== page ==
Picks and Pans Review: The Quintessential Billie Holi Day

UPDATED 06/01/1987 at 01:00 AM EDT Originally published 06/01/1987 at 01:00 AM EDT

Billie Holiday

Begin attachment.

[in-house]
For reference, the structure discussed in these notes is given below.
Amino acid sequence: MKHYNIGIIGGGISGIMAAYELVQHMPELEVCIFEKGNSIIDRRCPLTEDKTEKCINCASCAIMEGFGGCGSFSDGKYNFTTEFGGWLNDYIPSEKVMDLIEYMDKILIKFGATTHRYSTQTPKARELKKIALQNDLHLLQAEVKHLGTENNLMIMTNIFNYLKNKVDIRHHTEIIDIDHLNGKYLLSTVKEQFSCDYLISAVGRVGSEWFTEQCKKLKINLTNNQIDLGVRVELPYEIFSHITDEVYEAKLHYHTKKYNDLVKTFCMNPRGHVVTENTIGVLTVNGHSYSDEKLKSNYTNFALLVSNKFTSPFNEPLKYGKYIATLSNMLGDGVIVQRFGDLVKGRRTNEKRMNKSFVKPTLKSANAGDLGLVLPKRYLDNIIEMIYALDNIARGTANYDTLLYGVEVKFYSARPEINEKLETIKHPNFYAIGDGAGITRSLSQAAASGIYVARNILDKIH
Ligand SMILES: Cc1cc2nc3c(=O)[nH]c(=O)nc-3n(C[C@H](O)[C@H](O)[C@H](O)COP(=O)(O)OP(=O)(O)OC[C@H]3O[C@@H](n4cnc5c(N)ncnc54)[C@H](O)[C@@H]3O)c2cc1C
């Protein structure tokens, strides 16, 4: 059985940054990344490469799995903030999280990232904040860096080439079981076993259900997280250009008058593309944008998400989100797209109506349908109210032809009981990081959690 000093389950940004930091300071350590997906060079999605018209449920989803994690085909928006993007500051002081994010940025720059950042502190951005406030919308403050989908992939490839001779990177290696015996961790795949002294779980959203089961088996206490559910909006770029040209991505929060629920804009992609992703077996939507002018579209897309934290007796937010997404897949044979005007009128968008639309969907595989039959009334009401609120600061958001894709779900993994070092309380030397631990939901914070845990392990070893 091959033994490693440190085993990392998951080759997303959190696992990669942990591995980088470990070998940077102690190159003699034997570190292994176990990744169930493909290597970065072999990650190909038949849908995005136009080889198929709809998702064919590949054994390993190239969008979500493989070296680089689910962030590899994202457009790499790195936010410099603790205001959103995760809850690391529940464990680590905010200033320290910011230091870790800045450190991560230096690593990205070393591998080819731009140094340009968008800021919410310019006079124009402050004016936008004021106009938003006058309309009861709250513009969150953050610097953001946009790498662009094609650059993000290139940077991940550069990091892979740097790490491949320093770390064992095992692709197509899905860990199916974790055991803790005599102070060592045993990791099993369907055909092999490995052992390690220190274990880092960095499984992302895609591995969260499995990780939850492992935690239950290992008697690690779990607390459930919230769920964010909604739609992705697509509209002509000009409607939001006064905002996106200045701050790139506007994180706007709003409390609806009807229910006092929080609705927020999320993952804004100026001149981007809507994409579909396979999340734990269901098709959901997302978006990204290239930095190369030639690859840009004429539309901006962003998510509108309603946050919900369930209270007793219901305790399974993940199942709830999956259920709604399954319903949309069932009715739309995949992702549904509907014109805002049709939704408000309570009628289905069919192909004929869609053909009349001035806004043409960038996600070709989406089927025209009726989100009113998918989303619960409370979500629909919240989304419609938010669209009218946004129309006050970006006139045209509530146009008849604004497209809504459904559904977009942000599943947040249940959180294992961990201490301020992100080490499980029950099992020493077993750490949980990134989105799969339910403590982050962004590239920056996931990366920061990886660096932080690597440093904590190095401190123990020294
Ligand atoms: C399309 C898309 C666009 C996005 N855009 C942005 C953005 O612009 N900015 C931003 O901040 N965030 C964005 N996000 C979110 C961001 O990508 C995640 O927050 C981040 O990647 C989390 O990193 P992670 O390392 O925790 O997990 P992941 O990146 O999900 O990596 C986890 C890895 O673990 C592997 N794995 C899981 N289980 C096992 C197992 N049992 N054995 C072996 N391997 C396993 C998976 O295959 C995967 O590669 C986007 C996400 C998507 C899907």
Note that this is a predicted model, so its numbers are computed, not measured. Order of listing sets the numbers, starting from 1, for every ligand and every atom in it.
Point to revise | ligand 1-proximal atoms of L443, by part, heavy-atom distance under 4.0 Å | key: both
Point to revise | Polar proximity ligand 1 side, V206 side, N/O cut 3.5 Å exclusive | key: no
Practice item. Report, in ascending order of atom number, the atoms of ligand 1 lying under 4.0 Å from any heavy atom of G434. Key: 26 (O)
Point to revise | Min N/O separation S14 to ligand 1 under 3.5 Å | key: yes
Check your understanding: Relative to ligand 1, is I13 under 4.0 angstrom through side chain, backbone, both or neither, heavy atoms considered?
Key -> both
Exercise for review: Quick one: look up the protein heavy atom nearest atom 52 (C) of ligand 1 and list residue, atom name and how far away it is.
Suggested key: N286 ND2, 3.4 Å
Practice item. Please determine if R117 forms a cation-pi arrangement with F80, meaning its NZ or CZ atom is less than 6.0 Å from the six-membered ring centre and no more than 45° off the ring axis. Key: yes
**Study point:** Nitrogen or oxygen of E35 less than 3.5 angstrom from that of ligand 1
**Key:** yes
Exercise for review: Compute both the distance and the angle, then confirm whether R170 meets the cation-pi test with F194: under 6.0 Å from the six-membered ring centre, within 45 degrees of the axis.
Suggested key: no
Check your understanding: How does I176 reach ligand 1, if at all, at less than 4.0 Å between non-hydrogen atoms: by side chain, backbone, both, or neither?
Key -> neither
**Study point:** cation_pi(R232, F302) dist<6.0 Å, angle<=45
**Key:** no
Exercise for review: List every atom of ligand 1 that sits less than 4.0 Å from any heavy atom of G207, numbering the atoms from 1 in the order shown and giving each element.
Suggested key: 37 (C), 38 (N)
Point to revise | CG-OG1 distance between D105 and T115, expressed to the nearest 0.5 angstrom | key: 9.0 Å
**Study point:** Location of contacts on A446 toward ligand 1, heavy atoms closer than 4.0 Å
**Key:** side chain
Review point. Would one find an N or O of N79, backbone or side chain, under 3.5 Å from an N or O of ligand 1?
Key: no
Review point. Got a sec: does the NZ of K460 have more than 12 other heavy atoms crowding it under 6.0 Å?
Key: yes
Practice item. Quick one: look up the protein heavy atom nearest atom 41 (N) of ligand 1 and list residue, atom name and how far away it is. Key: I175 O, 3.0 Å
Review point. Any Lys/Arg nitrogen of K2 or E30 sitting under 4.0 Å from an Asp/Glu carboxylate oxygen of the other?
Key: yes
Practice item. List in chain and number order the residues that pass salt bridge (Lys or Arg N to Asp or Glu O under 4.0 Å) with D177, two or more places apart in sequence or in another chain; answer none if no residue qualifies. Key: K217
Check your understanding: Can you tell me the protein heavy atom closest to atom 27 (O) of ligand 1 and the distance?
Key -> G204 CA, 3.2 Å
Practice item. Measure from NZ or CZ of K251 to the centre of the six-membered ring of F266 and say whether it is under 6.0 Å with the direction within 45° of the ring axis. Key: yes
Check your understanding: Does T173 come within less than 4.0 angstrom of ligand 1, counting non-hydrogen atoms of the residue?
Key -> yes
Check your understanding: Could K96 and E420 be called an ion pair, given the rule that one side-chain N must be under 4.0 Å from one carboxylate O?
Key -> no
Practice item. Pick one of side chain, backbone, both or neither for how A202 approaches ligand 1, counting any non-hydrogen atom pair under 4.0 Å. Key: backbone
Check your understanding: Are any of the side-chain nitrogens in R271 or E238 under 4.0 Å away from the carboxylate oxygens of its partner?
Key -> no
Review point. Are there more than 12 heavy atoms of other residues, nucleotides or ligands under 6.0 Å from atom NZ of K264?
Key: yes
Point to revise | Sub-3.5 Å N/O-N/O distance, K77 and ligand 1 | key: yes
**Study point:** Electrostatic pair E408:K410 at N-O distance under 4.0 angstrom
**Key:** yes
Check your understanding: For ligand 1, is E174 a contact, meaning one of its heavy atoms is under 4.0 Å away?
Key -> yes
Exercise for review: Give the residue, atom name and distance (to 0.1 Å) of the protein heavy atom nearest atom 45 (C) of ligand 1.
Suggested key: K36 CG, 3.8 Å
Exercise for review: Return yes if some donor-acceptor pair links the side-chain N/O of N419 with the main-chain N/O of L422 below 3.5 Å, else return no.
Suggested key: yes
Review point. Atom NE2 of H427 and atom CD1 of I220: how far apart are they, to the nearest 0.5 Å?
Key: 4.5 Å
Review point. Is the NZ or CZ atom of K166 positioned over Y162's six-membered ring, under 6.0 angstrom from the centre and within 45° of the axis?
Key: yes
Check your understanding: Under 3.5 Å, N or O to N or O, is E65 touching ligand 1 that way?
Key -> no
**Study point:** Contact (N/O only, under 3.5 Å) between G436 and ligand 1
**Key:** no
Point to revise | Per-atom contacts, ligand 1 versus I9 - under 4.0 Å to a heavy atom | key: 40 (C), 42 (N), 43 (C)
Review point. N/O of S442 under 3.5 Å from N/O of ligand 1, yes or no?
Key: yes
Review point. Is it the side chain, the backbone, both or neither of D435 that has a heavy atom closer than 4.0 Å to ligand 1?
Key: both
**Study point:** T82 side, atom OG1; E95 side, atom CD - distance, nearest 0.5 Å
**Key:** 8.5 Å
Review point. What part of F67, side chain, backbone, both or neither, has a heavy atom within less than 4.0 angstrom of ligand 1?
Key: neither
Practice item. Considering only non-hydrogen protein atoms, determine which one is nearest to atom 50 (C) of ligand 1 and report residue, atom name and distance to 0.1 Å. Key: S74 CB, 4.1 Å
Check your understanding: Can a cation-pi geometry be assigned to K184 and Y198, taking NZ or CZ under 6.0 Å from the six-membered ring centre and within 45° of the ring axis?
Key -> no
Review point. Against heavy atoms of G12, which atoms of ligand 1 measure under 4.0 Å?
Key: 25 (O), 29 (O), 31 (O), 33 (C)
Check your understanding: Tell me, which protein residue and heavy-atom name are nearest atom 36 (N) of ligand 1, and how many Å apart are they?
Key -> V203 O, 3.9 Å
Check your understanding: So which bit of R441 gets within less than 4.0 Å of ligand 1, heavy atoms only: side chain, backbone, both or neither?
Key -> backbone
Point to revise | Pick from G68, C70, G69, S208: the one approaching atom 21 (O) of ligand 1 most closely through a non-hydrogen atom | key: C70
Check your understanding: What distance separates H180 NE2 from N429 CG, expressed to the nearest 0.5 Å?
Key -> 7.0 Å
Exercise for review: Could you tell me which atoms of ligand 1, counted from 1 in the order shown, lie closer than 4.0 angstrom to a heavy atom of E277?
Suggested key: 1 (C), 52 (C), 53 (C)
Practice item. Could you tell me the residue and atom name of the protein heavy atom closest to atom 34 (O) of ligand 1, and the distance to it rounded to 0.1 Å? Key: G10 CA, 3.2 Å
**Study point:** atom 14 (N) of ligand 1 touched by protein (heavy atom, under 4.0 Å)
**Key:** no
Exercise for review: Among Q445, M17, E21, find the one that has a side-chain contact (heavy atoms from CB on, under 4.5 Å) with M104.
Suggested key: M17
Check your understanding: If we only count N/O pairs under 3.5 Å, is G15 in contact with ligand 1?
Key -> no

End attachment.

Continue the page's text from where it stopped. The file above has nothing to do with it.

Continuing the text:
The Columbia "Jazz Masterpieces" series of reissues is cause for rejoicing in general, and nowhere more than in the case of these two memorable albums. The Ellington album, recorded at the Newport Jazz Festival in 1956, captures one of his most spectacular bands, which bridged the generations from the old—Harry Carney and Johnny Hodges (the peerless alto sax player who had just rejoined Ellington after years on his own)—to the new, such as trumpeter Clark Terry and drummer Sam Woodyard. The highlight is Diminuendo and Crescendo in Blue, which featured a galvanizing 27-chorus solo by tenor player Paul Gonsalves. Sustaining his basic theme yet never repeating himself, Gonsalves builds what is more a composition than a solo, urged on by heated shouts of encouragement from the band, a growing swell of response from the crowd and the deft support of the band's rhythm section, Ellington, Woodyard and bassist James Woode. Even at this distance the performance remains vibrantly exciting. The Holiday album, the first in a planned series of her records, covers 1933-35. Two of her best early recordings, the Billie's Blues and Summertime she cut with a group featuring Bunny Berigan and Artie Shaw, were unaccountably left off this LP. (They were on the old Columbia Lady Day album.) A lot of the tunes are of the wretched sort Holiday was so often stuck with, such as You Let Me Down: "That's how I got so cynical/ You put me on a pinnacle/ Then you let me down." Yet even in that context, she was sly and sexy. Most of the tracks include the graceful, melodic piano of Teddy Wilson, always a musician of rare elegance but never more so than when he played behind Holiday. Other releases in the "Masterpieces" series include the work of Louis Armstrong, Dave Brubeck, Miles Davis, Erroll Garner, Benny Goodman and Charles Mingus. (Columbia)

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